Let me be honest with you all: I find an equal amount of grave, dismal, even abysmal faults in China, as I find it to be one of the best countries in the world. It’s natural: I was born here, and until I was 18, I used to be a Chinese citizen. I still live here — with all of my family.
I am hardly alone in this, as I’ve learnt. Most people — expats included! — have this conflicting love and hate of China and of Beijing. But I am not willing to be sold out to either extremes. I’m a poor Swiss citizen if we’re to be seen as “the best of” viewpoint neutrality. So what I do instead is to reinterpret neutrality as a “smorgasbord of views”.
I’ll continue to have a love-hate relationship with the city — and the Middle Kingdom as a whole — as it’s a real, living, breathing experience — and because we all care about this place. Dearly. ▶
I cannot think of a more exciting place to take centre stage in than the city of Beijing. And I cannot think of a better way of pulling this off than with all the elements of Swissness.
You see, Switzerland is now such a big element of me that I simply cannot be myself without being Swiss. First things straight, I have a Swiss passport. This red booklet is a design classic and opens the gates to around 170 countries and territories — no visas needed! It also is one of Europe’s most multilingual passports, and there’s also a lot of “cantonal elements of Swissness”: on the first 26 pages intended for visas and stamps are printed the iconic buildings of every Swiss canton. The one that’s closest to me? The Wasserkirche of Zürich, just by the Limmatquai.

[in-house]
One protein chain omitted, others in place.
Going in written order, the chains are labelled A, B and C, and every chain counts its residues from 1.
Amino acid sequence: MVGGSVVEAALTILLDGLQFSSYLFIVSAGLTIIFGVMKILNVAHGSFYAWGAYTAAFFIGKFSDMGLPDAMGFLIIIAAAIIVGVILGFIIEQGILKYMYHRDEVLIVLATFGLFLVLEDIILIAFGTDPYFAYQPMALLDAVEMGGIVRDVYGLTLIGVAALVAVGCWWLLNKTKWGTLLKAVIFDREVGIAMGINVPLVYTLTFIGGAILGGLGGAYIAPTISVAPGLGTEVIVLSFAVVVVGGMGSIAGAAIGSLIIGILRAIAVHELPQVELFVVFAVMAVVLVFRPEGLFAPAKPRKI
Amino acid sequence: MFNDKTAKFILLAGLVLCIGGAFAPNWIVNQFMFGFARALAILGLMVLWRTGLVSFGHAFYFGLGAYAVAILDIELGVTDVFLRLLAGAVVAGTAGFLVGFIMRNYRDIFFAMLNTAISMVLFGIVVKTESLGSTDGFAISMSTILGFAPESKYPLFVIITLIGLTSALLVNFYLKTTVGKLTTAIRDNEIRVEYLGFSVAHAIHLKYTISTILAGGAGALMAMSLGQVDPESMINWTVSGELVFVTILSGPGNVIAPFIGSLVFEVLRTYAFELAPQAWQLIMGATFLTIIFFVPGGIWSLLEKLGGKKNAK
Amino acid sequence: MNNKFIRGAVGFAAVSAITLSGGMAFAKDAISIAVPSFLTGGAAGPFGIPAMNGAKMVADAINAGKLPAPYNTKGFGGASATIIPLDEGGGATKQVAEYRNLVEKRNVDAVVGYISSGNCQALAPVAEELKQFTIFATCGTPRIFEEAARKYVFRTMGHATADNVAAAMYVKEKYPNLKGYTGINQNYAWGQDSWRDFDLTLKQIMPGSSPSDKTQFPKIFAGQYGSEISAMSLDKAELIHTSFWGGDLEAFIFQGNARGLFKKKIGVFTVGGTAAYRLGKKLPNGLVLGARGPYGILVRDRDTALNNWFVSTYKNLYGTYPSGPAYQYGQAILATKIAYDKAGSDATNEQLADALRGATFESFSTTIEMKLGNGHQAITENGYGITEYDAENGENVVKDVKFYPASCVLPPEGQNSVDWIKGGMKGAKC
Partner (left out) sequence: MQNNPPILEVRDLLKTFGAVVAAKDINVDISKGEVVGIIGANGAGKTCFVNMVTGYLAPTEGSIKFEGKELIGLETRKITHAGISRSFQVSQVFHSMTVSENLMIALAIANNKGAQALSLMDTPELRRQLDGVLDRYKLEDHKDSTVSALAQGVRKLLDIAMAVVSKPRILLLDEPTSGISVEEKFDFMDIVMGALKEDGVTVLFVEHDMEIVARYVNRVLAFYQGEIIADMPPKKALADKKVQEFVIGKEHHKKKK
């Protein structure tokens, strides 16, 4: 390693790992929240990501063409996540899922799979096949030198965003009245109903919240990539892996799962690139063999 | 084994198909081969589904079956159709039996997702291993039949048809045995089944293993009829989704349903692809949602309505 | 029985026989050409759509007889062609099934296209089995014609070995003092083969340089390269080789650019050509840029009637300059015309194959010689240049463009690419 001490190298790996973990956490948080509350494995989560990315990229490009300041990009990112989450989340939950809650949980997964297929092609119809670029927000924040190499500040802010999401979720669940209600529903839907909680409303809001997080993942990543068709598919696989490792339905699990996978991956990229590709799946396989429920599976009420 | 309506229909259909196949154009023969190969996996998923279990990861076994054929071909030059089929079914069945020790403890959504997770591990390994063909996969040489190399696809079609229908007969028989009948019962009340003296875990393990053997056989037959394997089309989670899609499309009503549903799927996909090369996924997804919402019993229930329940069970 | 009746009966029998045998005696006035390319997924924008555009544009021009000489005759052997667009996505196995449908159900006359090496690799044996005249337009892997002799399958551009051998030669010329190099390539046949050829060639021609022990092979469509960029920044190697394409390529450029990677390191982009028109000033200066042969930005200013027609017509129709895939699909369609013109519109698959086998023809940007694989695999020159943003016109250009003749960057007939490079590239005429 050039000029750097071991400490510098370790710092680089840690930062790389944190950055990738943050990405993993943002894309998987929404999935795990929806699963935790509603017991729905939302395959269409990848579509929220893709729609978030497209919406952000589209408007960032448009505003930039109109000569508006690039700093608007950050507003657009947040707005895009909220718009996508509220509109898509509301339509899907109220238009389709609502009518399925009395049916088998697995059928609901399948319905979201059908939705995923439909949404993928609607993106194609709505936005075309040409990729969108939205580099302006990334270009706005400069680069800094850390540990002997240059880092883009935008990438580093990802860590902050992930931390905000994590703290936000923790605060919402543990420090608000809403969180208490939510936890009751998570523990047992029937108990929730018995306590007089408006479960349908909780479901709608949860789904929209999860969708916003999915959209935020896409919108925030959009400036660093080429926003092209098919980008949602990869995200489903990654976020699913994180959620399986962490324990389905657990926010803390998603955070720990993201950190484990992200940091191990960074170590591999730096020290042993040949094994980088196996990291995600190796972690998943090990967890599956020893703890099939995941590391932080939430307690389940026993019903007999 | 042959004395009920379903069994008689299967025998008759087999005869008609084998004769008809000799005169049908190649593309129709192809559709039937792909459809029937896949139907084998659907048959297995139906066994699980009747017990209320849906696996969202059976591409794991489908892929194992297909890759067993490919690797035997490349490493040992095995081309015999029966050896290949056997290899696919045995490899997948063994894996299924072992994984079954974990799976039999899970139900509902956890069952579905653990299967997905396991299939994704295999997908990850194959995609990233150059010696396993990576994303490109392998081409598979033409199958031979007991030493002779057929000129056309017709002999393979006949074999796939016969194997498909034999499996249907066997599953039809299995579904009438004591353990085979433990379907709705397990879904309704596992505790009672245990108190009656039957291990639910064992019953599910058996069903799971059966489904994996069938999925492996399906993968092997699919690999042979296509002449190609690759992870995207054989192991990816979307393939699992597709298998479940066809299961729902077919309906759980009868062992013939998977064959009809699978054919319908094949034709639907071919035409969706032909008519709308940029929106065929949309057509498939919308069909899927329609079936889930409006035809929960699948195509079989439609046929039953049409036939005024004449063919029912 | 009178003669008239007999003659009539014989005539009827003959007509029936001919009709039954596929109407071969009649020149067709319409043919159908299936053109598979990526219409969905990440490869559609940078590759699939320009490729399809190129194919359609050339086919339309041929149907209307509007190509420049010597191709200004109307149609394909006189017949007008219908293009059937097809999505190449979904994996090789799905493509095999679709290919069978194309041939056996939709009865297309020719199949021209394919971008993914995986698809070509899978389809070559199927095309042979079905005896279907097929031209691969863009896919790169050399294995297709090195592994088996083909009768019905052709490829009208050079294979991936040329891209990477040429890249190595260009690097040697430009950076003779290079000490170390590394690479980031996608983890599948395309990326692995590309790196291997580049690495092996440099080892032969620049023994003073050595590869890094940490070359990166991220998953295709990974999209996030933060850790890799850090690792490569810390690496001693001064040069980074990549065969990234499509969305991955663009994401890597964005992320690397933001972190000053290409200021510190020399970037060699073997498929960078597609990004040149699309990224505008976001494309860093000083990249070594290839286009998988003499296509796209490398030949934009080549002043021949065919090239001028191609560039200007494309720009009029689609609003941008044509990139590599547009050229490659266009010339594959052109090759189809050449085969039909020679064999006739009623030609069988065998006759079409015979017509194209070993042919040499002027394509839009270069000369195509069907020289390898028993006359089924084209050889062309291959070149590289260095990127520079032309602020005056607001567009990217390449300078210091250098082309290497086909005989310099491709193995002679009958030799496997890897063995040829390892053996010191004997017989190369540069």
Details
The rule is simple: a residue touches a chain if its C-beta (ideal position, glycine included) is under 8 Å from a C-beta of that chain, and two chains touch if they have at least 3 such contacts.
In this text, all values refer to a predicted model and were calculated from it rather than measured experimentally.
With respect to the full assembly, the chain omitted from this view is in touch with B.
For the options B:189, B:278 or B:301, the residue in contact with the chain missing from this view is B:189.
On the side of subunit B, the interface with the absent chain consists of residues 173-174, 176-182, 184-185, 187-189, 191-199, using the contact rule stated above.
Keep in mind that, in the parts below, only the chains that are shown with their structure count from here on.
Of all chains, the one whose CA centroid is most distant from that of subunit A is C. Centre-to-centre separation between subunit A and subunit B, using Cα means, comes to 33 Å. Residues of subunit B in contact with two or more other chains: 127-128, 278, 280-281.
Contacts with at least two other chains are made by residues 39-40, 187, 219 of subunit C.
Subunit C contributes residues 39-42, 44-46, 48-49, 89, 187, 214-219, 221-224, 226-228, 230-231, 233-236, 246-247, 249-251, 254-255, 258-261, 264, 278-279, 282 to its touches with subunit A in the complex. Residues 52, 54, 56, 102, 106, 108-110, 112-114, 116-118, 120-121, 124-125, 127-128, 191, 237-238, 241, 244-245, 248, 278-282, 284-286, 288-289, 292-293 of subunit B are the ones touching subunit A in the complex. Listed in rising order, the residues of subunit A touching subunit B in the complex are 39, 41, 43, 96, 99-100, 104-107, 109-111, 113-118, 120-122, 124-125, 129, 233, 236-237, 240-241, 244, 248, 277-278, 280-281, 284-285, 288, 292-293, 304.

In the same canton, Zürich, I went to international school for just around a decade. The Inter-Community School gave me my first stage to perform on — things got off to a start when I read along with a fellow student, on a stage, in front of the microphone, a poem in French. Stage fright instantly disappeared, and my trek and path to bigger-still stages began in Switzerland, 20 years ago. (That’s why I call it “Stage Swissness” — made in Switzerland!) Equally 20 years ago, also in Switzerland, I coded my first HTML page that would eventually be one of only three websites to make it to the “wider” Internet — as a student page of the school on the Internet.
To not to be Swiss is impossible chez moi. ▶
You will note I am all for Swissness in everything I do. Indeed: Attributes with positive connotations, which include fairness, precision, reliability, political stability, nature-ness, precision, and cleanliness, should be summarised and be marketed overseas as something that is typical of Switzerland. (That’s if you take it from the German Wikipedia!)